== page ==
Dear All About Jazz Readers,

If you're familiar with All About Jazz, you know that we've dedicated over two decades to supporting jazz as an art form, and more importantly, the creative musicians who make it. Our enduring commitment has made All About Jazz one of the most culturally important websites of its kind in the world reaching hundreds of thousands of readers every month. However, to expand our offerings and develop new means to foster jazz discovery we need your help.

You can become a sustaining member for a modest $20 and in return, we'll immediately hide those pesky Google ads PLUS deliver exclusive content and provide access to future articles for a full year! This combination will not only improve your AAJ experience, it will allow us to continue to rigorously build on the great work we first started in 1995. Read on to view our project ideas...


Phish: Coral Sky

Doug Collette By

Sign in to view read count

Coral Sky



What's most striking at the outset of Phish's Coral Sky DVD is how much the band's presentation here, in November 1996, is so remarkably similar to the sound and vision of the Vermont-based jamband since its reunion in 2009. From the sight of drummer Jon Fishman in his trademark dress on stage, to the near telepathic tradeoffs during improvisational segments, this might well be a recent performance.

Certainly the good-natured gusto that informs the opening "Ya Mar," and the fiery improvisation that follows in the form of "Julius," finds all five musicians locked in a spontaneous unity that usually only arises late in a performance—so the level of the band's inspiration at the open-air Florida venue is as high as the level of the audience's anticipation.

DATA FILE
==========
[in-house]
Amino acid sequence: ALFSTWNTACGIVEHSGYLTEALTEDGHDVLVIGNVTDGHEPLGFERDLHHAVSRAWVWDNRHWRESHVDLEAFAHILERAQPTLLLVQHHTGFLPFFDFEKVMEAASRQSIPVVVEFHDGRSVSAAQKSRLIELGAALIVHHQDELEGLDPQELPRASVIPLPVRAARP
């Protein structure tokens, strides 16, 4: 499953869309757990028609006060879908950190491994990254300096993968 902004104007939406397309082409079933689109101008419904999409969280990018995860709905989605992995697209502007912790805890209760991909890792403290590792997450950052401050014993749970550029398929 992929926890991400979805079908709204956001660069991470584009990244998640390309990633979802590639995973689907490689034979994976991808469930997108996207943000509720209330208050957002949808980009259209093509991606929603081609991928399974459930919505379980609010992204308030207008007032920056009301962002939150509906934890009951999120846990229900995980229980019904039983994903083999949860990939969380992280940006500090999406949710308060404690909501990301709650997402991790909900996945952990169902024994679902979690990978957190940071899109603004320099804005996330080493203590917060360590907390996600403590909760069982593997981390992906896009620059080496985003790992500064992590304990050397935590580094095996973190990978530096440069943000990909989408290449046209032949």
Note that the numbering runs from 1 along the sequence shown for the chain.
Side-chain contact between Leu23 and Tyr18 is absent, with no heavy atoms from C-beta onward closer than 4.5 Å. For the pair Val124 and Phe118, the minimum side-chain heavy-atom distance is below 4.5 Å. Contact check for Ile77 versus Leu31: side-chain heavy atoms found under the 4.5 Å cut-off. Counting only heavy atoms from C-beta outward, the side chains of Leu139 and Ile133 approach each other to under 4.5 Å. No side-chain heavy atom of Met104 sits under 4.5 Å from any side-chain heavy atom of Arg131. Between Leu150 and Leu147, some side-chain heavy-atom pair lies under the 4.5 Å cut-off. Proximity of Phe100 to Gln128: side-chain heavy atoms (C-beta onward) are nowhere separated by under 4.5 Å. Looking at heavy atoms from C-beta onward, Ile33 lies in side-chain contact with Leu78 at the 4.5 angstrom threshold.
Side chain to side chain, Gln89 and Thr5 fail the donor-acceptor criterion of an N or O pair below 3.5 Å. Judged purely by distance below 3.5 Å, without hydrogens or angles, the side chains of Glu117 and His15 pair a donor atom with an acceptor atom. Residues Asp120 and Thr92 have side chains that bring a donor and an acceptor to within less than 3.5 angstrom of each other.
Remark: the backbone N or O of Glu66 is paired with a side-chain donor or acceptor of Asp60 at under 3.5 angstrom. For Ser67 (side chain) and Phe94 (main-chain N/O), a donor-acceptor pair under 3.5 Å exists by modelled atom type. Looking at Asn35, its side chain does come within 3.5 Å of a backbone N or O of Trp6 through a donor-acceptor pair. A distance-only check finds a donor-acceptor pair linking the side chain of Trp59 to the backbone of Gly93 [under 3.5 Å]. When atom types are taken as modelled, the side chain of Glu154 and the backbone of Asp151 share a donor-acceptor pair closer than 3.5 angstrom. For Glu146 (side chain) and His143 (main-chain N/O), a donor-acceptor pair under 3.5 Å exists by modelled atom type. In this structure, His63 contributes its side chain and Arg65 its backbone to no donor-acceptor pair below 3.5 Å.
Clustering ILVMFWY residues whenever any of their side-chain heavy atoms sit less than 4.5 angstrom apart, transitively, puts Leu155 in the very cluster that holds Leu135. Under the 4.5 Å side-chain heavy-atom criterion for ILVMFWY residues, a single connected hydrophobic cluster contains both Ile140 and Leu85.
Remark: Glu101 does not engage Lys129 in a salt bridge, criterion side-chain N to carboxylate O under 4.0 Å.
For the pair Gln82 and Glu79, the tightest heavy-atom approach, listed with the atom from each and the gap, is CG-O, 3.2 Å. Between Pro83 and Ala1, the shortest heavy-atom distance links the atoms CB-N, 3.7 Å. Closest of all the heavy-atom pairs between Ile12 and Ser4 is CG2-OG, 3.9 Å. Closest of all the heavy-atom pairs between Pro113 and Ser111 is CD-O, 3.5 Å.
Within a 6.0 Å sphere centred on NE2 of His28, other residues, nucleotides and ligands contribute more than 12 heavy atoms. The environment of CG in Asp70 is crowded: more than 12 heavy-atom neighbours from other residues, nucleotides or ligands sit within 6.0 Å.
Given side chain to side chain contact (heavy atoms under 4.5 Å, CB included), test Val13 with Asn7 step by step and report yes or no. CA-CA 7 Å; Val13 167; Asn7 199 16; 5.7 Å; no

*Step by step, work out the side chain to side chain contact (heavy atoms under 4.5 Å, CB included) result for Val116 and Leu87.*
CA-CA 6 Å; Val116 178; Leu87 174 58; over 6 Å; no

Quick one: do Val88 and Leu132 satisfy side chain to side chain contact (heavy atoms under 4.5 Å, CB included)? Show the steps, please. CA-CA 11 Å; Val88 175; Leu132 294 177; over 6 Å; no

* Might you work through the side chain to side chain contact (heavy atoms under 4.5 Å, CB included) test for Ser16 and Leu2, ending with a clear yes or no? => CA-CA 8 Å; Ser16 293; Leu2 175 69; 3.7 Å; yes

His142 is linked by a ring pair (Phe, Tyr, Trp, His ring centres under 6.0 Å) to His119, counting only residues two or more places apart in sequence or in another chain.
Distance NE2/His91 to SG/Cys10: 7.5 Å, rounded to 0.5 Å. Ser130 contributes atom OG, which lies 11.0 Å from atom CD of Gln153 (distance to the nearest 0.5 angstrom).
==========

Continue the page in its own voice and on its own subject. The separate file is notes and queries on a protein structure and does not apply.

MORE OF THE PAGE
The drama of the forceful jams that distinguish "Taste" aren't all that surprising given the context of the Coral Sky performance (also available on cd), but that doesn't make them much less compelling to watch and hear. Two nights before Phish had celebrated Halloween by covering Talking Heads' Remain in Light (Warner Bros/Sire, 1980) in its entirety and certainly the combined sense of relief and satisfaction, together with the polyrhythmic textures of that other band's music, accentuated by the presence of Santana percussionist Karl Perazzo, kindled a spark that ignited the Phish's approach and delivery. The balmy atmosphere probably didn't hurt either, but since the camera work homes in on Phish as it inhabits the stage, to the exclusion of its surroundings (and curiously, the devoted audience that claps in just the right places on "Stash"), that factor doesn't figure in for viewers of either of the two discs in the package.

The dynamics of the performance justify the multi-track recording and mastering. Hearing keyboardist Page McConnell's use his acoustic piano to gently converse with Perazzo on congas is sweet to the ear on its own terms and worth watching as well, especially as it gives way to an equally delicate interlude where bassist Mike Gordon and Fishman alternately nudge and navigate behind guitarist Trey Anastasio. Such segments are the stuff of which made this show the "fan favorite," as it's referred to in publicity material; but more importantly, such purposeful musicianship is that which still distinguishes Phish from most all other improvisationally-oriented rock bands.